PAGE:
Saturday, April 11, 2015

#Nigeriadecides, then what?

Nigeria’s 2015 elections has been interesting and remarkable. 
Nigerians and Africans are proud that the elections were not marred by widespread violence. It shows  that gradually,Nigeria’s democracy is maturing. 
Nigeria’s election success story began in 2011 with the election of president Jonathan. That  election was regarded as credible and representative of the  wishes of Nigerians though there was  violence in the North. He won the 2011  elections based on the goodwill he enjoyed. 
He was also voted out in 2015 based on his non-performance especially  in the areas of corruption and insecurity. The fact that a sitting president can be voted out shows Nigeria and Nigerians are getting there and are capable of putting their leaders on their toes. Similarly, APC (All Progressives Congress)- the ruling party in Lagos lost 5 seats to the opposition in Lagos and to non-indigenes. That the President conceded peacefully is commendable  as it calmed frayed nerves and doused the expected violence. 
Another positive of the presidential elections is the surprising revelation of the swing blocs in  the country. The fear of a North West/ North East domination in elections has been quelled by the swing votes of the North Central and South West.
In spite of this progress Nigeria's democracy has made, deep-seated issues of weak institutions and ethic bigotry remain and need to be addressed.
When it emerged that the South-South and South-East voted for President Jonathan, tweets like below went viral on social media. 

Thankfully, it was roundly condemned and this particular user's account was deactivated. Also, the Oba of Lagos in tirade against the Igbos in Lagos cursed them for not voting APC during the presidential elections. In that speech, the Oba incited violence against the people. Again, saner heads prevailed and citizens including the APC dissociated itself from the Oba's outburst.  Just like the Buhari certificate saga had no effect on citizens determined to vote for him, I believe that the Oba's outburst will also not swing votes to the Peoples Democratic Party (PDP).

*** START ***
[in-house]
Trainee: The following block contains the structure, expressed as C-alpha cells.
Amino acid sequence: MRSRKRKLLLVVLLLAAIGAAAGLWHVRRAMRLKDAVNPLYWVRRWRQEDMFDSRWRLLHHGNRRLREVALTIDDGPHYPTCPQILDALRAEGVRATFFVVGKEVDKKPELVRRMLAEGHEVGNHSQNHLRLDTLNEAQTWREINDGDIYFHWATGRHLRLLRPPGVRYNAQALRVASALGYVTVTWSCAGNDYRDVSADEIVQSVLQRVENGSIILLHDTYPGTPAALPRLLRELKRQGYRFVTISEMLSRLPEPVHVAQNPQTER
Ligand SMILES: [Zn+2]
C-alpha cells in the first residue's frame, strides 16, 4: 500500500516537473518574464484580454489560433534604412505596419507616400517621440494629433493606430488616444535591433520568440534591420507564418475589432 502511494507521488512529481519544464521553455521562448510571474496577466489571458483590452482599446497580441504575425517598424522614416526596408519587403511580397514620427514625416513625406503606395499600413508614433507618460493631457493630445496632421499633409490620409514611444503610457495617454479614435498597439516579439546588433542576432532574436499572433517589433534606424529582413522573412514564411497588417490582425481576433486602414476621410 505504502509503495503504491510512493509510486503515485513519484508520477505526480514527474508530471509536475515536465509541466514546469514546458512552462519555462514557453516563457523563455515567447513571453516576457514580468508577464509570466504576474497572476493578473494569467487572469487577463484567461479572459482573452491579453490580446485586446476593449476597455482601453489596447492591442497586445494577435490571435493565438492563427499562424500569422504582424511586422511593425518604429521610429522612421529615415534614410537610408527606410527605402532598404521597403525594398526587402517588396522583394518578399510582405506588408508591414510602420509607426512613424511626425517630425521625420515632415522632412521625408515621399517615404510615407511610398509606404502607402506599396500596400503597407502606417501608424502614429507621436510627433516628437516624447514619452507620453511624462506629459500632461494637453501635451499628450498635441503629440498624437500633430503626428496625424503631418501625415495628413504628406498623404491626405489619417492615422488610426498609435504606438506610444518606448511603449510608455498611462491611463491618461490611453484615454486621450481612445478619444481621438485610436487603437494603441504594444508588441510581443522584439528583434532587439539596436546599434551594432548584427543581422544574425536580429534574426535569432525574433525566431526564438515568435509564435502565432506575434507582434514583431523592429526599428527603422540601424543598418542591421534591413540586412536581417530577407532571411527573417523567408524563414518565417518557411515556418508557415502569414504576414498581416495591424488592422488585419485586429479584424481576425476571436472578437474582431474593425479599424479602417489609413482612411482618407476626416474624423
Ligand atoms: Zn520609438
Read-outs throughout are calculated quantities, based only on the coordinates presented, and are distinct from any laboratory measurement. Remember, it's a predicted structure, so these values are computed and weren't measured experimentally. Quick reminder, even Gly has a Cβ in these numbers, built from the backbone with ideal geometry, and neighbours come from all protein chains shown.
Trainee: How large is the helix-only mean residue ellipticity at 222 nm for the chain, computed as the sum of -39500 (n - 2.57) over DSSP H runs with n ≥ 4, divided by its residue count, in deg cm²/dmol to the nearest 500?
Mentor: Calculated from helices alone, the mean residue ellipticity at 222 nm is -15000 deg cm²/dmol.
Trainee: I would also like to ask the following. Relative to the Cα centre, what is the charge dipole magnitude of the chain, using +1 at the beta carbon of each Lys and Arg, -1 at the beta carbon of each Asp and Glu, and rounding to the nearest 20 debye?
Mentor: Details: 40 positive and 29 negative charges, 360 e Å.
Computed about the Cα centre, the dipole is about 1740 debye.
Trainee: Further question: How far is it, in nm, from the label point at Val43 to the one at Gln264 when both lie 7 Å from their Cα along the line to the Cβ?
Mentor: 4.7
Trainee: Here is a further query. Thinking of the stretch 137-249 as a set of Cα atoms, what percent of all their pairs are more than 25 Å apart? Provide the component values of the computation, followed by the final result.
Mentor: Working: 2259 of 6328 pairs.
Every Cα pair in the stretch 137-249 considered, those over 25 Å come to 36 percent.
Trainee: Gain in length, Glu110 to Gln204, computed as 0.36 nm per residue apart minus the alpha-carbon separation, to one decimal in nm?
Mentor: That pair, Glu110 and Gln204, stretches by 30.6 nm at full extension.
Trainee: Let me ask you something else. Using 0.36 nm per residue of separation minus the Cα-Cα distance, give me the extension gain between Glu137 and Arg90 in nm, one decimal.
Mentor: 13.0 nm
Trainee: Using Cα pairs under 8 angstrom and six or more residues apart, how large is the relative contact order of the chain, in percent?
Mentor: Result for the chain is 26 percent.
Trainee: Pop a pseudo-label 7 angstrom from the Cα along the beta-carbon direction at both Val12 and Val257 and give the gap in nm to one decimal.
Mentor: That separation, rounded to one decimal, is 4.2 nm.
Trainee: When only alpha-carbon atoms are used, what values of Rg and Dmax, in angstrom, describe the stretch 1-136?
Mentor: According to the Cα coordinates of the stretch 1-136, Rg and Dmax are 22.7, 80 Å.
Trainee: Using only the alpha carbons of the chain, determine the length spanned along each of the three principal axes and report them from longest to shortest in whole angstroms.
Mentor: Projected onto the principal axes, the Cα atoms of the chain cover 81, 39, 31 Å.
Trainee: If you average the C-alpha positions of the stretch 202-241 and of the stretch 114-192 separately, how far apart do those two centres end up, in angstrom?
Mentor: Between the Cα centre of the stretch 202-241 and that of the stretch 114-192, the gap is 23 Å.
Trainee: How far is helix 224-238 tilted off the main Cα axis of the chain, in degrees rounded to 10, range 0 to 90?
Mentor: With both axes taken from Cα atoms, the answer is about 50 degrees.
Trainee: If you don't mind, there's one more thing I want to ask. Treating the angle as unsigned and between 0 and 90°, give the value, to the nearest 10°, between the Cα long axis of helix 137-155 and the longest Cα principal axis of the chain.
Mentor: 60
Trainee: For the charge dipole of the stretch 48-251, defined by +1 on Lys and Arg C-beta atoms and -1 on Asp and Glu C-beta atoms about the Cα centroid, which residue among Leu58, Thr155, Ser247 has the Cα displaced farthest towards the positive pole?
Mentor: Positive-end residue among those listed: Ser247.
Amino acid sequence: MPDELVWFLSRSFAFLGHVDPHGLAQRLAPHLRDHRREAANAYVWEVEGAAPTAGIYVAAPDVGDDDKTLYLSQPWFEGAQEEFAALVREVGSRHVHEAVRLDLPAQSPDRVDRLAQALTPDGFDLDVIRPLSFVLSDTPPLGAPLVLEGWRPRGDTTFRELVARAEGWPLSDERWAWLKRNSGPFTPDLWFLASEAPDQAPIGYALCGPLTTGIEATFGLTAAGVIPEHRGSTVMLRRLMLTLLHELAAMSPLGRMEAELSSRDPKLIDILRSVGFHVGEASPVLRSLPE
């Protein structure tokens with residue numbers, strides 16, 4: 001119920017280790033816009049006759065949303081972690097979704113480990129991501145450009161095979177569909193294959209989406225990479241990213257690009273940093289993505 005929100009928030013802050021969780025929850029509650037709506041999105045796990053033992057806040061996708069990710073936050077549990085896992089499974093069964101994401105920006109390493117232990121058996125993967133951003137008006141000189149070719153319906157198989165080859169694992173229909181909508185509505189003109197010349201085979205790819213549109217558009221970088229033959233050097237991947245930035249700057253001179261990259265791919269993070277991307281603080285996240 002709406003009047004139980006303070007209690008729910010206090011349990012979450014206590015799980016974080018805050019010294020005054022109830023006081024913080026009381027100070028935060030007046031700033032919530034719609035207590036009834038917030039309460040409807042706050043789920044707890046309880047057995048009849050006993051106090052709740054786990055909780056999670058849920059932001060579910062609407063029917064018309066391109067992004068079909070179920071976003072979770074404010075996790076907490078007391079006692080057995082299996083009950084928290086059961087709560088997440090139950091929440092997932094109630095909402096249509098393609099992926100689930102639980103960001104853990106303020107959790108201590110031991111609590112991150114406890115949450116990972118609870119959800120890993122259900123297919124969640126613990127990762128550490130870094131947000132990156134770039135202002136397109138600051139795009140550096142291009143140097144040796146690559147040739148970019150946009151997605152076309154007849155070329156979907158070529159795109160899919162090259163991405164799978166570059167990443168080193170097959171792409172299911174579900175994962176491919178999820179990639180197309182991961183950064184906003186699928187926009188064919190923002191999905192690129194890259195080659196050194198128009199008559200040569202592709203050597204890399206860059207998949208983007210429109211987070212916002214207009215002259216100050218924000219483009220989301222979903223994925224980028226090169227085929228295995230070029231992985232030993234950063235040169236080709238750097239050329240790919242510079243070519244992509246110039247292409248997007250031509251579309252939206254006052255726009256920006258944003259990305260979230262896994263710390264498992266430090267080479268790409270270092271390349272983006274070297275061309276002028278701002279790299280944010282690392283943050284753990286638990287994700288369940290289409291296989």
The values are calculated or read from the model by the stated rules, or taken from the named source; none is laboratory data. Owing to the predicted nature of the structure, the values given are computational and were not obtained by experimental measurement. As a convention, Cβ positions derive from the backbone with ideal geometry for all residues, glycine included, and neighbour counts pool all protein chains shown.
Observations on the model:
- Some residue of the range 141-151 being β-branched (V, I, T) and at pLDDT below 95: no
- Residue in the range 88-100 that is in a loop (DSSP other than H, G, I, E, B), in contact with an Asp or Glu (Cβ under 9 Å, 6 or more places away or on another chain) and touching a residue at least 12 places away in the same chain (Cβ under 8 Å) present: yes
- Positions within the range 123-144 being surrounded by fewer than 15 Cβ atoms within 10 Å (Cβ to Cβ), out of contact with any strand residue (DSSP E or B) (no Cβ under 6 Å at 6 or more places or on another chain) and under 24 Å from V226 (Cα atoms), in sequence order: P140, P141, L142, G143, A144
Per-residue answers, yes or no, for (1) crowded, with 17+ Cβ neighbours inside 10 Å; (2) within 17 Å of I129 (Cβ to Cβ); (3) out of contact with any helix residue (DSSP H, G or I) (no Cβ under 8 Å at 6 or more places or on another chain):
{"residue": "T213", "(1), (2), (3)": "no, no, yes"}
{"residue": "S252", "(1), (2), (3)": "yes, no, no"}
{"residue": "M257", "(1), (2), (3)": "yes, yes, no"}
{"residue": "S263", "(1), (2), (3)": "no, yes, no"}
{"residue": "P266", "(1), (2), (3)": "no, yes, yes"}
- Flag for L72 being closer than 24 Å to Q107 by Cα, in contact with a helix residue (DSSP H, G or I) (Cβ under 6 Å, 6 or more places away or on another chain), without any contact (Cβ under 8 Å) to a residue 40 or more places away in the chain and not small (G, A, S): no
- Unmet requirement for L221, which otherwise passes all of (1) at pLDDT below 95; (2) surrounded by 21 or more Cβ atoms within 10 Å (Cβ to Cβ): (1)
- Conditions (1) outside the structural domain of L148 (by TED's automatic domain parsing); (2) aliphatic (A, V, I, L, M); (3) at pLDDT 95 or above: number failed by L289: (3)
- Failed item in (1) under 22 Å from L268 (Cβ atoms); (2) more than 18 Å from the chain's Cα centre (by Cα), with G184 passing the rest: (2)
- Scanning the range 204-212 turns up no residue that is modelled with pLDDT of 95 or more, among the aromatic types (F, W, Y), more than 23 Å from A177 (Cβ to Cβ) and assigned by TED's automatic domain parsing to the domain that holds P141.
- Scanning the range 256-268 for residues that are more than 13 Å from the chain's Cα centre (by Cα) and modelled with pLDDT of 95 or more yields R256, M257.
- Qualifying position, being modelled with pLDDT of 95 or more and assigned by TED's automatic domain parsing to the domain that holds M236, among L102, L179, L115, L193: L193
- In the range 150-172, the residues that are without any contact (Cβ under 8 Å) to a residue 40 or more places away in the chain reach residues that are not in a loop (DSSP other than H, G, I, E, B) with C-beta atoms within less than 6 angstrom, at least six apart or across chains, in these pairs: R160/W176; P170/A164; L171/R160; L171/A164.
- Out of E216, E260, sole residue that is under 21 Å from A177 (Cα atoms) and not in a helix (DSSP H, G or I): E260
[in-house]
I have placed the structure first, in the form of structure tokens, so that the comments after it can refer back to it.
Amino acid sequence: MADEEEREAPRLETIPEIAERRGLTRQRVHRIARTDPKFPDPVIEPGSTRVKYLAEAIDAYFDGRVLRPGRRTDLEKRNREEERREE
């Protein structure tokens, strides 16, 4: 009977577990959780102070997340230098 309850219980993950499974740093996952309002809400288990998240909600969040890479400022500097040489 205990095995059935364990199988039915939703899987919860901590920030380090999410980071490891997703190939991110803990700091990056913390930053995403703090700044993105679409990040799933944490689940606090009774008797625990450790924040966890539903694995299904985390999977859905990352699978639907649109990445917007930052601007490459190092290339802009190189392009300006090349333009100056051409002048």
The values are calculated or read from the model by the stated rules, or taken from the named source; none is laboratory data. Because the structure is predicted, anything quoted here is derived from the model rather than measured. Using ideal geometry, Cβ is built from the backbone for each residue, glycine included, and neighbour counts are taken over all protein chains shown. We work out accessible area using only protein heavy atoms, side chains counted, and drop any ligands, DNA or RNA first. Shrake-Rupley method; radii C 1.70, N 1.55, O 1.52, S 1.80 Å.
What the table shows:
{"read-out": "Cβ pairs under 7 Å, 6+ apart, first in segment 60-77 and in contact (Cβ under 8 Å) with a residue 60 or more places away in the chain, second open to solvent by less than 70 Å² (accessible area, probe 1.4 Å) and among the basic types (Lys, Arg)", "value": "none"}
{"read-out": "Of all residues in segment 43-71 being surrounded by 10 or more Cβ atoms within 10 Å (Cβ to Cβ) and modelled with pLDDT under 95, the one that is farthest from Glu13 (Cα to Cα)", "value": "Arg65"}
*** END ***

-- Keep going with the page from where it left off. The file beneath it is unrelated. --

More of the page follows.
That there are voting patterns/ blocs that will always vote a certain way is typical of most democracies. In the United States, there are red and blue states and once in a while when there is popular candidate or a burning issue, a purple state emerges. Also in the United Kingdom, the North and South also vote along party lines (Labour/ Conservatives). That Nigerians vote along ethnic lines, personal and religious interests is not a reason to promote hatred and violence against them. As this election has shown there are swing votes and these  votes can be trusted to be non-partisan (as seen in the presidential elections for the North Central and South West).  
The fault lines of religion and ethnicity need to be addressed because may Rwanda never happen to Nigeria but inciting comments from the Oba and  the current vice president during his campaign in Minna shows this is an issue that needs to be addressed.